China sanctions Lockheed Martin and Raytheon over Taiwan sales
China announced on Thursday that it would impose sanctions against two U.S. defense companies in retaliation for their weapons sales to Taiwan.
Why it matters: Relations between the U.S. and China soured this month after a high-altitude surveillance balloon sent by the Chinese government was discovered flying over the U.S.
Context: The balloon discovery prompted Secretary of State Antony Blinken to postpone his planned trip to Beijing, saying the surveillance balloon in U.S. airspace was "a clear violation of U.S. sovereignty and international law."
- The Chinese government has insisted that the balloon — which was ultimately shot down — was a civilian aircraft that entered U.S. airspace by accident.
- Last week, the U.S. blacklisted six entities in China that it says are linked to aerospace programs, including balloons, used by the military for intelligence.
The big picture: Lockheed Martin and Raytheon's Missiles and Defense subsidiary were added to China's "unreliable entity" list, China’s Ministry of Commerce said in a statement.
- The move means that both companies are prohibited from engaging in import and export activities in China or making new investments in the country.
- The companies' senior managers will have their work and residence permits canceled and be barred from entering the country.
- They will also be fined twice the contract value of their arms sales to Taiwan since the list first came into effect.
What they're saying: "Foreign Military Sales are government-to-government transactions and we work closely with the U.S. government on any military sales to international customers," Lockheed Martin told Axios in a statement Thursday.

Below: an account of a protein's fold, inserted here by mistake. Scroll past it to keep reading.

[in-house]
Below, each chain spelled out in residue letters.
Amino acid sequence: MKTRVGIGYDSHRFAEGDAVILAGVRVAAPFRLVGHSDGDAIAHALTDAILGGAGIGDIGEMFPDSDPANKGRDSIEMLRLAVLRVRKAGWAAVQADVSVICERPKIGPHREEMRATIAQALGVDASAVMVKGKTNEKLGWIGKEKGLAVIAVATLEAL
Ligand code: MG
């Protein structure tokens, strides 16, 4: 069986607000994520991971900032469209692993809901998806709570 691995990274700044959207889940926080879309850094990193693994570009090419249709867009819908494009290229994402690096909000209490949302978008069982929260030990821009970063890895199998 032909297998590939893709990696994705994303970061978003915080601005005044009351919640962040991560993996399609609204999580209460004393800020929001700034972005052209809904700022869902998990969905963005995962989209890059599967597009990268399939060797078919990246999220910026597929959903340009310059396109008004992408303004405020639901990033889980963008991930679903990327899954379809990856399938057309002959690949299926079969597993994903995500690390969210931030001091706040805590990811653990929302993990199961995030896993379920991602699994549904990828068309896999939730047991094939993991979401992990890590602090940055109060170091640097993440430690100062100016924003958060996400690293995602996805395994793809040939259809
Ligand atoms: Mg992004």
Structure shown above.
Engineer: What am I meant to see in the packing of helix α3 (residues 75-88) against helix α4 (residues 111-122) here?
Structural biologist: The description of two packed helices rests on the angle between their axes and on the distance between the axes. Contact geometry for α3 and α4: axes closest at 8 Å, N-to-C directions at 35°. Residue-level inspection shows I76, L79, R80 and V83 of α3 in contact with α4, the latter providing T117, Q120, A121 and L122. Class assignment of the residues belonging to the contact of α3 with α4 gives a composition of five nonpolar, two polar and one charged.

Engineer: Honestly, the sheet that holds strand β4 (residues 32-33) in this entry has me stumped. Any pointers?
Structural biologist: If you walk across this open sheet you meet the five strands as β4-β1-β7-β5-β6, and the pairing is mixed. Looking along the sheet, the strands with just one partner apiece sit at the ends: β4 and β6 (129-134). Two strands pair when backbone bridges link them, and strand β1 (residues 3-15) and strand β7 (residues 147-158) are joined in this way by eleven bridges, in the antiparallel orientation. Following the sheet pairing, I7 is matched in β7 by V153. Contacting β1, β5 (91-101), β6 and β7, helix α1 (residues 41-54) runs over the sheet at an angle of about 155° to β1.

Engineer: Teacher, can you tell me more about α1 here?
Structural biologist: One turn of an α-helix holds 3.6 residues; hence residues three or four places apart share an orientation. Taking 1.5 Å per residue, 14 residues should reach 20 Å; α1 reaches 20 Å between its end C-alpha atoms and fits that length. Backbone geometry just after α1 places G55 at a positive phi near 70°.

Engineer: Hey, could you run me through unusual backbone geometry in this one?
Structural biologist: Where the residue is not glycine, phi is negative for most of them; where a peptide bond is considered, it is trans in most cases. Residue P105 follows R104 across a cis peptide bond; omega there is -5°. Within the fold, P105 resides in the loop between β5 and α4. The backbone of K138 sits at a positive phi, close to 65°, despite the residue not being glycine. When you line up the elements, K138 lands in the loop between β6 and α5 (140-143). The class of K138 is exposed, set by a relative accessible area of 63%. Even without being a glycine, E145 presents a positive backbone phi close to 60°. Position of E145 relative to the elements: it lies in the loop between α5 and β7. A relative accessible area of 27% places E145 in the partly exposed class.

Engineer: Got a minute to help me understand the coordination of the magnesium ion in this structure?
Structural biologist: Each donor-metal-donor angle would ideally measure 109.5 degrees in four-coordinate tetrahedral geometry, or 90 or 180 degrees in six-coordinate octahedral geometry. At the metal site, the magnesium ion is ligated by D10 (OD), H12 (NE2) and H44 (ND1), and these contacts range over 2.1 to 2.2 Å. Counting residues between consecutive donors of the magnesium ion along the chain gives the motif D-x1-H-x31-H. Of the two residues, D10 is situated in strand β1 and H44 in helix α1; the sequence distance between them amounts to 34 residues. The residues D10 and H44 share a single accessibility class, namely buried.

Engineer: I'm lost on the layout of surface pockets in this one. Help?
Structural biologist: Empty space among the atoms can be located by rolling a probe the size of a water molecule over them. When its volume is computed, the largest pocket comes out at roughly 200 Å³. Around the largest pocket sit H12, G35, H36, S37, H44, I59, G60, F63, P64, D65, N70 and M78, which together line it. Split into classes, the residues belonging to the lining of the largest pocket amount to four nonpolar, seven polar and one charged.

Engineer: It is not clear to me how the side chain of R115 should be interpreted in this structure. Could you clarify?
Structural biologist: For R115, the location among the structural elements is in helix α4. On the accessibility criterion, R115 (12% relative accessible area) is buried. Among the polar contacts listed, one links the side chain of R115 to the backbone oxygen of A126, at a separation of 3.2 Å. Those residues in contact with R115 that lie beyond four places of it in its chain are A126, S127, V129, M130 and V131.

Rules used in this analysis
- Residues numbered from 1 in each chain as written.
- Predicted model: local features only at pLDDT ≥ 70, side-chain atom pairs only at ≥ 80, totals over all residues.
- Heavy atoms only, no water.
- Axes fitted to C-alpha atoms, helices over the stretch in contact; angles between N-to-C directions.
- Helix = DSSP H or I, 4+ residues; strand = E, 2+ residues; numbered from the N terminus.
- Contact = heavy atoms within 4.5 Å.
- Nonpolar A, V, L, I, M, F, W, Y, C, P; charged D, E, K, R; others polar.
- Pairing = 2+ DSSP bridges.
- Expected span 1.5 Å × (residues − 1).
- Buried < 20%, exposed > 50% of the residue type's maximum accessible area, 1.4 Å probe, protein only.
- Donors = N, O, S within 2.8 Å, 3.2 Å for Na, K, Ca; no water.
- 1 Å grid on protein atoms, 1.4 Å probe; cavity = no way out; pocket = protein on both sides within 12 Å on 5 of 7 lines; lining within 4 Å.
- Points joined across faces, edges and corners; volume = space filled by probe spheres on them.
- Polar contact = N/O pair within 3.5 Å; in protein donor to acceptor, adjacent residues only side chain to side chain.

- "Lockheed Martin closely adheres to United States government policy with regard to conducting business with foreign governments. We do business with more than 70 nations around the world, and all of our international sales are strictly regulated by the U.S. government."
Between the lines: The sanctions could create an aura of political risk associated with doing business with Raytheon and Lockheed Martin and potentially affect their business dealings even beyond China's borders.
- They could also have a chilling effect on future sales to Taiwan by companies not yet sanctioned by China.
Zoom in: China's "unreliable entity" list is a relatively new mechanism, announced by China's Ministry of Commerce in 2019 with implementation guidelines released in 2020.
- In addition to penalizing companies that are deemed a threat to China's national security, the list also takes direct aim at the growing U.S. sanctions regime by creating a retaliatory framework to penalize companies that comply with U.S. sanctions.
Reality check: To date, the unreliable entity list has been rarely invoked, so it's hard to know to what extent it will be enforced.
Editor's note: This article has been updated with details of U.S. sanctions on companies tied to the balloon sent by the Chinese government.